Singur is located at 22°49′N 88°14′E / 22.81°N 88.23°E / 22.81; 88.23.

Singur CD Block is bounded by Polba Dadpur CD Block in the north, Sreerampur Uttarpara CD Block in the east, Chanditala I and Chanditala II CD Blocks in the south and Haripal CD Block in the west.[3][4]

It is located 22 km from Chinsurah, the district headquarters.[3]

Area and administration[edit]

Singur CD Block has an area of 155.99  km2.[5]Singur and Bhadreswar police stations serve this CD Block. Singur panchayat samity has 15 gram panchayats. The block has 153 inhabited villages.[6] Headquarters of this block is at Singur.

Gram panchayats[edit]

Gram panchayats of Singur block/ panchayat samiti are: Anandanagar, Bagdanga-Chinamore, Balarambati, Baruipara-Paltagarh, Basubati, Berabari, Bighati, Boinchipota, Bora, Borai-Pahalampur, Gopalnagar, Kamarkundu Gopalnagar Doluigachha, Mirjapur-Bankipur, Nasibpur, Singur I and Singur II.[7]



As per the 2011 Census of India Singur CD Block had a total population of 276,413, of which 223,951 were rural and 52,462 were urban. There were 140,334 (51%) males and 136,079 (50%) females. Population below 6 years was 24,276. Scheduled Castes numbered 47,037 and Scheduled Tribes numbered 4,069.[8]

As per the 2001 census, Singur block had a total population of 260,729, out of which 131,286 were males and 129,443 were females. Singur block registered a population growth of -1.65 per cent during the 1991-2001 decade. Decadal growth for Hooghly district was 15.72 per cent.[5] Decadal growth in West Bengal was 17.84 per cent.[9]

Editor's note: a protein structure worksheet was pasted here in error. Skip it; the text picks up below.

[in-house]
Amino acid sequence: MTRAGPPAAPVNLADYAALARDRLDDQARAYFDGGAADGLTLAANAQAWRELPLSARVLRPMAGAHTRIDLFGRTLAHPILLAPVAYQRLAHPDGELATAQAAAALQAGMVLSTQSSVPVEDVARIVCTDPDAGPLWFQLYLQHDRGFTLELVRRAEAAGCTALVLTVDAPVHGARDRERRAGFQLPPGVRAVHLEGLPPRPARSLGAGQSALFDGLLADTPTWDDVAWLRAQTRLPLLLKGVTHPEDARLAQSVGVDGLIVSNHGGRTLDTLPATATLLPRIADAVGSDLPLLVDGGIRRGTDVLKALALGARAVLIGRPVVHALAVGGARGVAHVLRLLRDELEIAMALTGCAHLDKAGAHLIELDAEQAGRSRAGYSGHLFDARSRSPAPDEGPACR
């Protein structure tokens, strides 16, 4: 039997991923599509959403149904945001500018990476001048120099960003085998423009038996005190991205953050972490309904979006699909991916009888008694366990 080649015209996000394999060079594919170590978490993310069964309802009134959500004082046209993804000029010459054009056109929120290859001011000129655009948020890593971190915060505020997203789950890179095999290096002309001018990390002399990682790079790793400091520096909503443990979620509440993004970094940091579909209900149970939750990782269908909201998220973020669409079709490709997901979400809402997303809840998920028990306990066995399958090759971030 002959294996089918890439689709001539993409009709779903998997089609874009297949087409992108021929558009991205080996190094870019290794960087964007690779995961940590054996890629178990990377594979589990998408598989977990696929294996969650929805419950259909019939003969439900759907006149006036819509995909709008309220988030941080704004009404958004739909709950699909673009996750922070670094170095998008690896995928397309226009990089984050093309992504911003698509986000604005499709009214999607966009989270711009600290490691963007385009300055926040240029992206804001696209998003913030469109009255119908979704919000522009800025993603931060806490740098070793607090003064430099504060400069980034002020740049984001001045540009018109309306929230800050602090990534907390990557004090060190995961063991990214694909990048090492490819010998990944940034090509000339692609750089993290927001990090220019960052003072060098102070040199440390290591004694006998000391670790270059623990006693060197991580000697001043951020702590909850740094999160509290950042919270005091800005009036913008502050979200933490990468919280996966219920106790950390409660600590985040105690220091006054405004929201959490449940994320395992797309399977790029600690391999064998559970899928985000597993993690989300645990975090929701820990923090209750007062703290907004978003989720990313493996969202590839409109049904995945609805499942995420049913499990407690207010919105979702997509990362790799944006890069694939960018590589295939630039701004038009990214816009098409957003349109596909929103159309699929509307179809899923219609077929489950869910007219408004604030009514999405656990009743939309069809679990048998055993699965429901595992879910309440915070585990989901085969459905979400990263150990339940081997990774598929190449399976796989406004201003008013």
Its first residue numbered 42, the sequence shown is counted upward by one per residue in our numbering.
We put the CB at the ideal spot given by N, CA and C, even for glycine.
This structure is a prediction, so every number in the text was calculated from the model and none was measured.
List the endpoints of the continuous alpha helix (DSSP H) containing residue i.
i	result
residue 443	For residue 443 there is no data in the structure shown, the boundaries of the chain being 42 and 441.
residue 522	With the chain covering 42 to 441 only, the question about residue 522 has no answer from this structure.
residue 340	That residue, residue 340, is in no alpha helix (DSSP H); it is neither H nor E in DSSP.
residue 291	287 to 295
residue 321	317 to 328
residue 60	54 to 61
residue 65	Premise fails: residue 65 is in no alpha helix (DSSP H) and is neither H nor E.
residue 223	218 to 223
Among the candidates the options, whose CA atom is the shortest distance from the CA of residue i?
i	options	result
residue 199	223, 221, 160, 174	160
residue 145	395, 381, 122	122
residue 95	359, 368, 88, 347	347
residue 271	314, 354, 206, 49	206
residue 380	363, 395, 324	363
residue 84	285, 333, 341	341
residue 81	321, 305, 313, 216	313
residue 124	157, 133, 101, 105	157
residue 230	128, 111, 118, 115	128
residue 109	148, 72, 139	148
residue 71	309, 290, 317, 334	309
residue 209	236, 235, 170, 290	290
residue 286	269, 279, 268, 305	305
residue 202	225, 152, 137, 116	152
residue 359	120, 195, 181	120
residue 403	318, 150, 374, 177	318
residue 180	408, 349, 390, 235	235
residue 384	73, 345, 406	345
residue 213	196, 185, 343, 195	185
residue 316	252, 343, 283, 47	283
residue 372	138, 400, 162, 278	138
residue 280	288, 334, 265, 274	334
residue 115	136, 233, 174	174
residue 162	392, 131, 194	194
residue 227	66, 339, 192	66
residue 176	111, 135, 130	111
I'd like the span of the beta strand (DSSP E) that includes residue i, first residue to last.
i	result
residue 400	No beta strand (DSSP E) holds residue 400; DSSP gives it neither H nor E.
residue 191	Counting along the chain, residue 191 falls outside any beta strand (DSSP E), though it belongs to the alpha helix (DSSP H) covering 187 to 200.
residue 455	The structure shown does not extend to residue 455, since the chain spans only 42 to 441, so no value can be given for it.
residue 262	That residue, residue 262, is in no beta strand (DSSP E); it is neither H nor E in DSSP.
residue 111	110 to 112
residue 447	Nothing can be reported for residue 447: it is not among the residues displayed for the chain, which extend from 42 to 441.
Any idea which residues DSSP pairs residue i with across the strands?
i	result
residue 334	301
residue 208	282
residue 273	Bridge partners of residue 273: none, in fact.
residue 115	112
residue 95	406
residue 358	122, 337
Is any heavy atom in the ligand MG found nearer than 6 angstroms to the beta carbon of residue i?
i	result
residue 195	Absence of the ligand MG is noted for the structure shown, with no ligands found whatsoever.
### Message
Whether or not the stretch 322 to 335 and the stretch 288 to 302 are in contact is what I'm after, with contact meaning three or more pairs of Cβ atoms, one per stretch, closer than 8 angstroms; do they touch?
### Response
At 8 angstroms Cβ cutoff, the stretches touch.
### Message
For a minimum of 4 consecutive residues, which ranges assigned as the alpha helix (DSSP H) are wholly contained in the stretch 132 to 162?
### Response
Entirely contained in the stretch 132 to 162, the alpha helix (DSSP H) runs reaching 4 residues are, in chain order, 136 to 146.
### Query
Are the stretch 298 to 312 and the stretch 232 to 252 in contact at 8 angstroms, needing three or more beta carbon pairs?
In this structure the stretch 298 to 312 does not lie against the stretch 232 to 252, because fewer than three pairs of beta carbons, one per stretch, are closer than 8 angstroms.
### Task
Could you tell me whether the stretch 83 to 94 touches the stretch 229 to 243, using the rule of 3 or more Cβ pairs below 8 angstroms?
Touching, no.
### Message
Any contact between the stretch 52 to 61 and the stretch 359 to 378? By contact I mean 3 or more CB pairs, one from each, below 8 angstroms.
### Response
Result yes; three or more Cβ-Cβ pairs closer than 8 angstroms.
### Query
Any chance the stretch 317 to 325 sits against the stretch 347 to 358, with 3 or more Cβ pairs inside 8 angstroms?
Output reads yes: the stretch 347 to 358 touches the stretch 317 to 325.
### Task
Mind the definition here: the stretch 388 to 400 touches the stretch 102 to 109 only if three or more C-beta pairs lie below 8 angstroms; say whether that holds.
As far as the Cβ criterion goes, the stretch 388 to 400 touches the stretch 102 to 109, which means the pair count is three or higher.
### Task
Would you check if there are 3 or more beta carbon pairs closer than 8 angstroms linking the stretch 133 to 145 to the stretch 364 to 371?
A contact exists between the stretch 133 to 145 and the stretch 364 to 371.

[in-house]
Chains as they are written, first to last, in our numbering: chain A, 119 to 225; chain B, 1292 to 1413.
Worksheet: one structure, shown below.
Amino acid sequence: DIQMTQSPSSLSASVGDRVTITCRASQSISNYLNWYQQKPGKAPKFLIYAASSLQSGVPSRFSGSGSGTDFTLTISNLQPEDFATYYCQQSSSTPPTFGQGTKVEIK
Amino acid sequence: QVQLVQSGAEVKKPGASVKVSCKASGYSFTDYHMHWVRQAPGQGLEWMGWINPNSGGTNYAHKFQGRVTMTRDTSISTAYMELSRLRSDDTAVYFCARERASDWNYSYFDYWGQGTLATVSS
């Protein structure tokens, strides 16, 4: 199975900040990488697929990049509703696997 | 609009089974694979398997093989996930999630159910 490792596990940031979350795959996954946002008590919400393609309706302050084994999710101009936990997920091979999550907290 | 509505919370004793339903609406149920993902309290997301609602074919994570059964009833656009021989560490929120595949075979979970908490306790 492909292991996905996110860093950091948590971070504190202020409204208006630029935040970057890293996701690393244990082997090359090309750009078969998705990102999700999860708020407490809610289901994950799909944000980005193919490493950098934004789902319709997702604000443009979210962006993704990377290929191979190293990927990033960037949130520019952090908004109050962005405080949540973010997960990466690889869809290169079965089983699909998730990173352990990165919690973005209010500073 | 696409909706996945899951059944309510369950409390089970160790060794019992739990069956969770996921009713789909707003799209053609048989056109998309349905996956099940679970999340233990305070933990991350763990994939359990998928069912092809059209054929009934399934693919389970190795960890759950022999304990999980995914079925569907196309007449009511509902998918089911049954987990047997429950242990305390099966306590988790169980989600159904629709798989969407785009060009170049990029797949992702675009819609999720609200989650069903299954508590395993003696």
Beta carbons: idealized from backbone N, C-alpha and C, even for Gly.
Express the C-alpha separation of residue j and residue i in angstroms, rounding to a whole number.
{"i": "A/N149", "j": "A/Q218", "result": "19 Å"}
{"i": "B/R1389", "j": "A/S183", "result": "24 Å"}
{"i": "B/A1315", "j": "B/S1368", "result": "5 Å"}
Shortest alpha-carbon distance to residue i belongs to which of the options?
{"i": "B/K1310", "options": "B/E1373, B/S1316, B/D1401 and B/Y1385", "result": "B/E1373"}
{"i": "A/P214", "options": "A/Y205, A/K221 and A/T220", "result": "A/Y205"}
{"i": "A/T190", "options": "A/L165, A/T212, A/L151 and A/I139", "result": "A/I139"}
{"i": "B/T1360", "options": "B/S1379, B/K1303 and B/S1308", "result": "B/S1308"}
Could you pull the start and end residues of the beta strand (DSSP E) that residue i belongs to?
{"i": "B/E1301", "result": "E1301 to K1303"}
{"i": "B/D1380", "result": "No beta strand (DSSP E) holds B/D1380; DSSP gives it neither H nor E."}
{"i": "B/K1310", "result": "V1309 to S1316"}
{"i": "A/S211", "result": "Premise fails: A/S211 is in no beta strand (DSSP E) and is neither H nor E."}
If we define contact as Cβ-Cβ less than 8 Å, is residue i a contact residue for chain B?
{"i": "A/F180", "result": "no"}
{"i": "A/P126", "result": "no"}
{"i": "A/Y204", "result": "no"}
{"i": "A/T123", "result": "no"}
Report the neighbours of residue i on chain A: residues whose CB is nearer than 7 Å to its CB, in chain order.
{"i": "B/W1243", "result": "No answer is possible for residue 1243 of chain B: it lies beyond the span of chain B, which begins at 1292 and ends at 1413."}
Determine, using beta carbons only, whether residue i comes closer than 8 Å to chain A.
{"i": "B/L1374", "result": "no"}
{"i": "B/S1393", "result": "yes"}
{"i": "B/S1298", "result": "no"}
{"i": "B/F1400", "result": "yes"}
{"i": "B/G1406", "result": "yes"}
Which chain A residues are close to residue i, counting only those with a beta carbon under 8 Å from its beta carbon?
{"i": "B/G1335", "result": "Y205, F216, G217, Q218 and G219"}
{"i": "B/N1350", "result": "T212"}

Census Towns and large villages[edit]

Census Towns in Singur CD Block (2011 census figures in brackets): Balarambati (5,068), Singur (21,382), Nasibpur (7,157), Jagatnagar (5,242), Baruipara (6,737) and Borai (6,522).[8]

Large villages (with 4,000+ population) in Singur CD Block (2011 census figures in brackets): Beraberi (6,810), Gopalnagar (12,232), Dewan Bheri (5,687), Bainchipota (4,019), Atisara (6,113), Daluigachha (4,123), Mirzapur Bankipur (5,842), Shibrambati (4,208), Basubati (4,256), Ramnagar (4,006), Pahlanpur (6,034), Bara Kamalapur (20,047) and Bighati (4,388).[8]

Other villages (2011 census figures in brackets): Anandanagar (3,915), Bajemelia (3,659), Khaser Bheri (790) and Sinher Bheri (1,563).[8]


As per 2011 census the total number of literates in Singur CD Block was 211,984 (84.07% of the population over 6 years) out of which 113,548 (54%) were males and 98,436 (46%) were females.[8]

As per 2011 census, literacy in Hooghly district was 81.80%.[10] Literacy in West Bengal was 77.08% in 2011.[11] Literacy in India in 2011 was 74.04%.[11]